# Help me understand Linear Transformations?

#### Newbatmath

Hello everyone,
Right off the bat, I want you to know this is a course question. I'm not trying to get an easy answer or cheat in any way, I would just like to end this semester on a good note - knowing I at least halfway understand this item. The textbook's information doesn't seem to line up with what the question is asking and I'm very confused.

Any explanations, links to videos or websites or the like, would be a great help!

Question:

Which of the following are Linear Transformations:

(a): L(x,y,z) = (0,0)
(b): L(x,y,z) = (1,2,-1)
(c): L(x,y,z) = (x^2 + y, y-z)

I want to say that (a) is a Linear Transformation and (b) and (c) are not, but I honestly think that might be because (0,0) looks simple to me. (Crying) Confused Newb

#### dwsmith

MHF Hall of Honor
Hello everyone,
Right off the bat, I want you to know this is a course question. I'm not trying to get an easy answer or cheat in any way, I would just like to end this semester on a good note - knowing I at least halfway understand this item. The textbook's information doesn't seem to line up with what the question is asking and I'm very confused.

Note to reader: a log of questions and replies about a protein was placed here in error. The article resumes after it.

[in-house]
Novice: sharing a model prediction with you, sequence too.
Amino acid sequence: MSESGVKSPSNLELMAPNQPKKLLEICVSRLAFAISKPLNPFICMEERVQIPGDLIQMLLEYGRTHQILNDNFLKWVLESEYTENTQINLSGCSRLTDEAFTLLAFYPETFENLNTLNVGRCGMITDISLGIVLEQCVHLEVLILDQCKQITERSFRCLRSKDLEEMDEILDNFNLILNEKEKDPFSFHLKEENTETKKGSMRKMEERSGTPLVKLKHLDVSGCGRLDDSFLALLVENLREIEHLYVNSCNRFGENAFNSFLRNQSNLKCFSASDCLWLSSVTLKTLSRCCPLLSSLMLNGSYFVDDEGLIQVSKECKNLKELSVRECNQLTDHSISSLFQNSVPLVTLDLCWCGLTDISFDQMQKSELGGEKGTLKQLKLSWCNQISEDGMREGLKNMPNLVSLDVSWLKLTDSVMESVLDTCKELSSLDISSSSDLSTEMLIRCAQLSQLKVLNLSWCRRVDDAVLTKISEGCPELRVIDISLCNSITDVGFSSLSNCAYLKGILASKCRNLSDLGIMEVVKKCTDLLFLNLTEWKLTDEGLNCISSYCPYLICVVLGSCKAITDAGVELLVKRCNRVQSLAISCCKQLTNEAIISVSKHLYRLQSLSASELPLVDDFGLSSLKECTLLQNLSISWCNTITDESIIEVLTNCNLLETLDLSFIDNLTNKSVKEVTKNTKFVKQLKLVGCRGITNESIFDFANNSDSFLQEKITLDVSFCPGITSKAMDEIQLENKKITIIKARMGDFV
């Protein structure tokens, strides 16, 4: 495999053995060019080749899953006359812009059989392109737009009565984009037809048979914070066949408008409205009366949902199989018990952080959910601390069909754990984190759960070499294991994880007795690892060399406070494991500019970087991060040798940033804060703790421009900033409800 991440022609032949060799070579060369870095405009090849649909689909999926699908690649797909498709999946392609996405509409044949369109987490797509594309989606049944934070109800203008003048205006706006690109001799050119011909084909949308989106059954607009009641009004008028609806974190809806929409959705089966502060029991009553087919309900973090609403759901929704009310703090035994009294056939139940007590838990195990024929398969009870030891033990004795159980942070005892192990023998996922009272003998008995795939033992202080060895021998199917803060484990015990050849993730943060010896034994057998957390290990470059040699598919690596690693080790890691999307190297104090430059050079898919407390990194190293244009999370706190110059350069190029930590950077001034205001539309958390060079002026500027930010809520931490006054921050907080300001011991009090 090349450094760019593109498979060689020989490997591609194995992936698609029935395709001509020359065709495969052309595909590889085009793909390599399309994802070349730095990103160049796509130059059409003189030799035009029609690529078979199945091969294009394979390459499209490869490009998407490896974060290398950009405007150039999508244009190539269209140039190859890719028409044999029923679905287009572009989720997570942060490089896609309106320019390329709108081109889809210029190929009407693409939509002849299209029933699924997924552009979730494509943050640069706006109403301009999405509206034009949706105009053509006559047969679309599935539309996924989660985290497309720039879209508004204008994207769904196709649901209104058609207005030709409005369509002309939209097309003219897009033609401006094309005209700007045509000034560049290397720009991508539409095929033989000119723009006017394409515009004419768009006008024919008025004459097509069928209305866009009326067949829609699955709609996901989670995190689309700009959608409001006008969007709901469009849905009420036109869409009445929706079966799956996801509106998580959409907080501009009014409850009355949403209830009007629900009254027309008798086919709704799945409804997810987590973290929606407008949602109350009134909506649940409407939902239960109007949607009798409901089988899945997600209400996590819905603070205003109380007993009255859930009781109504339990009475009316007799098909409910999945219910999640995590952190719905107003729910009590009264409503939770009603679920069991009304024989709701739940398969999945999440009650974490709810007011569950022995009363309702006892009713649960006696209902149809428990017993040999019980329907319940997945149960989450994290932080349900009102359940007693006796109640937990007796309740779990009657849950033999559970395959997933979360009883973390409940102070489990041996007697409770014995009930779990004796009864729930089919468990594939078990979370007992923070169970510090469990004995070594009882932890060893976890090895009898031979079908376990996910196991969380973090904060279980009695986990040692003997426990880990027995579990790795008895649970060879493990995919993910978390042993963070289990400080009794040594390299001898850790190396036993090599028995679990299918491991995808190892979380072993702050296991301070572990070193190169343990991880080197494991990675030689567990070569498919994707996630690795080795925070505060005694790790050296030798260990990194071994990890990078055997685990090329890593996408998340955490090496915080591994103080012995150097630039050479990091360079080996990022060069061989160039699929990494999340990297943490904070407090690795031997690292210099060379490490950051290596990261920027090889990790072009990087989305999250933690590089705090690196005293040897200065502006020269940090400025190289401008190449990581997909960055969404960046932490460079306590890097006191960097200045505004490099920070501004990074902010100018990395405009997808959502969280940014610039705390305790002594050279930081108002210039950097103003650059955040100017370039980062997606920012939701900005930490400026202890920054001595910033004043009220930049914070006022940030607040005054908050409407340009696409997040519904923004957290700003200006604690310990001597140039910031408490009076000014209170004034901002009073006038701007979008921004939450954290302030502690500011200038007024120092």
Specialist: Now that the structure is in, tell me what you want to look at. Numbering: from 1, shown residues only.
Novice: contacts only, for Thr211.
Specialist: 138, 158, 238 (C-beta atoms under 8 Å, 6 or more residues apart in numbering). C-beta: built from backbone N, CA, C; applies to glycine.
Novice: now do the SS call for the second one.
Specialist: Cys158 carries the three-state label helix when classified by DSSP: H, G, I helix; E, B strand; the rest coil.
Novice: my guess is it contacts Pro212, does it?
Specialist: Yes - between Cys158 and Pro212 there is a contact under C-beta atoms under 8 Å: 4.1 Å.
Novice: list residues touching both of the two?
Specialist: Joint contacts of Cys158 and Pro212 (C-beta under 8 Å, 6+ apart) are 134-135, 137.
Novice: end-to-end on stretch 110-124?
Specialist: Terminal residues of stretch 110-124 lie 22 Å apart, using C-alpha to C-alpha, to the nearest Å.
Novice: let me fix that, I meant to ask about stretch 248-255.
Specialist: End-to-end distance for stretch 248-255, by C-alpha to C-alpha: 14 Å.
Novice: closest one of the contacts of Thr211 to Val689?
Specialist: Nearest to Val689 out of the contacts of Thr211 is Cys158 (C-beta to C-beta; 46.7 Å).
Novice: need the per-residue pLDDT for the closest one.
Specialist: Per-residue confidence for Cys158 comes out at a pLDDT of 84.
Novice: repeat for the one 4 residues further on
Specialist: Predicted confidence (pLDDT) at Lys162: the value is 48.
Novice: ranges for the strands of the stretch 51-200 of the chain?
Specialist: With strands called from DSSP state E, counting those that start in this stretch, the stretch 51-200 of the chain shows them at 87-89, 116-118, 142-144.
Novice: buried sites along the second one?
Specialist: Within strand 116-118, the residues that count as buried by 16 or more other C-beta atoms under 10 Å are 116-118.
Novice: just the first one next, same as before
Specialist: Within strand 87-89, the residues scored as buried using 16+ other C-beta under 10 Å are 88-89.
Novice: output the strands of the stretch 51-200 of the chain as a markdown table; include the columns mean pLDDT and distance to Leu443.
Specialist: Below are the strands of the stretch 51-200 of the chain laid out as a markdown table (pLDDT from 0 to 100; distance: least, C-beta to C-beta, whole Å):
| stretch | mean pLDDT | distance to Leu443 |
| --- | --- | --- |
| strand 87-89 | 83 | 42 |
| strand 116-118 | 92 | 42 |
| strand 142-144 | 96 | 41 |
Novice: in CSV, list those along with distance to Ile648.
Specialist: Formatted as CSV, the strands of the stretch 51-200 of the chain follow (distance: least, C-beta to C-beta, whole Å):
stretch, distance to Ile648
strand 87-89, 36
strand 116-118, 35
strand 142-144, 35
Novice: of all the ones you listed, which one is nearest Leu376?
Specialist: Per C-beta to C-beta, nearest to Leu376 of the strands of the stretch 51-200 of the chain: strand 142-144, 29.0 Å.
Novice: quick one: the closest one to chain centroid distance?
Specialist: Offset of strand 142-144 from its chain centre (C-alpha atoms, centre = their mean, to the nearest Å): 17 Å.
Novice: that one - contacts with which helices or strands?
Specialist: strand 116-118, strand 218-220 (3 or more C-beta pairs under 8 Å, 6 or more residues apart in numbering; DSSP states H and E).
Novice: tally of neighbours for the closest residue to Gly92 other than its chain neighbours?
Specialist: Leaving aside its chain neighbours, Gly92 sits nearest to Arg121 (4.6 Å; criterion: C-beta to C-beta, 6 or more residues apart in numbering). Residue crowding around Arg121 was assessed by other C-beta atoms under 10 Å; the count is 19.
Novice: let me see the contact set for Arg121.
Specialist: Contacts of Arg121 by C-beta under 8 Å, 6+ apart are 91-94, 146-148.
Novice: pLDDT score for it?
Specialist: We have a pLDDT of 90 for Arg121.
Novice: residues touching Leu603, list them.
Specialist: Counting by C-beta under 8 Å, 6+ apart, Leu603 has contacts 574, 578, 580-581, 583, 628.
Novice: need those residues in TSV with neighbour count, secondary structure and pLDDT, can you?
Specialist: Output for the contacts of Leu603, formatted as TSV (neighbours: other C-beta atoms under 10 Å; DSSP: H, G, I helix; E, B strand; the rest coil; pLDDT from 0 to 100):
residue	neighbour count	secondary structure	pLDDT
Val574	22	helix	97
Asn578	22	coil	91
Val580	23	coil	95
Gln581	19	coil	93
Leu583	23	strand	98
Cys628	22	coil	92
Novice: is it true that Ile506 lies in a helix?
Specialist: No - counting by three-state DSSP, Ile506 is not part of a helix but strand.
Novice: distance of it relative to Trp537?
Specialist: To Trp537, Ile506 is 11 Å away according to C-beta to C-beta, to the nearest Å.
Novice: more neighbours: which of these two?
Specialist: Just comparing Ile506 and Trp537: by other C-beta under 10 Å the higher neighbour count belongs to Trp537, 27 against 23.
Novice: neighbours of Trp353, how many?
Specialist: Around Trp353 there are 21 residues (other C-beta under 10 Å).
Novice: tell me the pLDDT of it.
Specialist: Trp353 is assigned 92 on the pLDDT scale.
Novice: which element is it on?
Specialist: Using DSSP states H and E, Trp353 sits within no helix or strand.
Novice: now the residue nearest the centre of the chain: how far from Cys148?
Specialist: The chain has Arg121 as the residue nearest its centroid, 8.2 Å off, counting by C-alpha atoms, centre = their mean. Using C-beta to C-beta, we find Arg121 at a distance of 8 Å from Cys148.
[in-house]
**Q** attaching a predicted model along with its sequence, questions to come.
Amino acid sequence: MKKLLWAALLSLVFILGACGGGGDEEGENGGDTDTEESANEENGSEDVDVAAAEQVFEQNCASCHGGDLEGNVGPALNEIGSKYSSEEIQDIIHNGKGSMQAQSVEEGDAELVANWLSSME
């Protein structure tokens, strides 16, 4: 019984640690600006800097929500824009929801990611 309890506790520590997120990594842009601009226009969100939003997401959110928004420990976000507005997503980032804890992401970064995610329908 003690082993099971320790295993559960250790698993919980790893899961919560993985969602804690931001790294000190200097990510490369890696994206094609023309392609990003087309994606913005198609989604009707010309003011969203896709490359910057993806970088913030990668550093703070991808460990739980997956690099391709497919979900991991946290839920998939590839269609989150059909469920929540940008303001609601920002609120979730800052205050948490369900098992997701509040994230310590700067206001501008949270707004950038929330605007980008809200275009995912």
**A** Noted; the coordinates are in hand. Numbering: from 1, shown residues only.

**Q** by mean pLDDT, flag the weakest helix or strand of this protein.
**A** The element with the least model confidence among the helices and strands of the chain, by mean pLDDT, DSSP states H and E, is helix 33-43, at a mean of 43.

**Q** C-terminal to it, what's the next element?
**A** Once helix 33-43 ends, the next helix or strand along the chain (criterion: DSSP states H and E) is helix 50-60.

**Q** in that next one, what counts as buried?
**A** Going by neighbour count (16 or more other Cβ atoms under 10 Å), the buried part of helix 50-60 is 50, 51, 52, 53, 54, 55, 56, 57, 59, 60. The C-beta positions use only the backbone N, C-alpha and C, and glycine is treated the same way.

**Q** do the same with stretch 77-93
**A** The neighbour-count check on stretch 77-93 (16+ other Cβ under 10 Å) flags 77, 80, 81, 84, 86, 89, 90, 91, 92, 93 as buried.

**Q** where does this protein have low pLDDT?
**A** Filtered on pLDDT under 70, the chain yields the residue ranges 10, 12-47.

Any explanations, links to videos or websites or the like, would be a great help!

Question:

Which of the following are Linear Transformations:

(a): L(x,y,z) = (0,0)
(b): L(x,y,z) = (1,2,-1)
(c): L(x,y,z) = (x^2 + y, y-z)

I want to say that (a) is a Linear Transformation and (b) and (c) are not, but I honestly think that might be because (0,0) looks simple to me. (Crying) Confused Newb
You need to verify if $$\displaystyle L(\alpha\mathbf{x}+\beta\mathbf{y})=\alpha L(\mathbf{x})+\beta L(\mathbf{y})$$ $$\displaystyle \forall \mathbf{x},\mathbf{y}\in L$$ and $$\displaystyle \alpha,\beta\in\mathbb{R}$$. If that is the case, you have a linear transformations.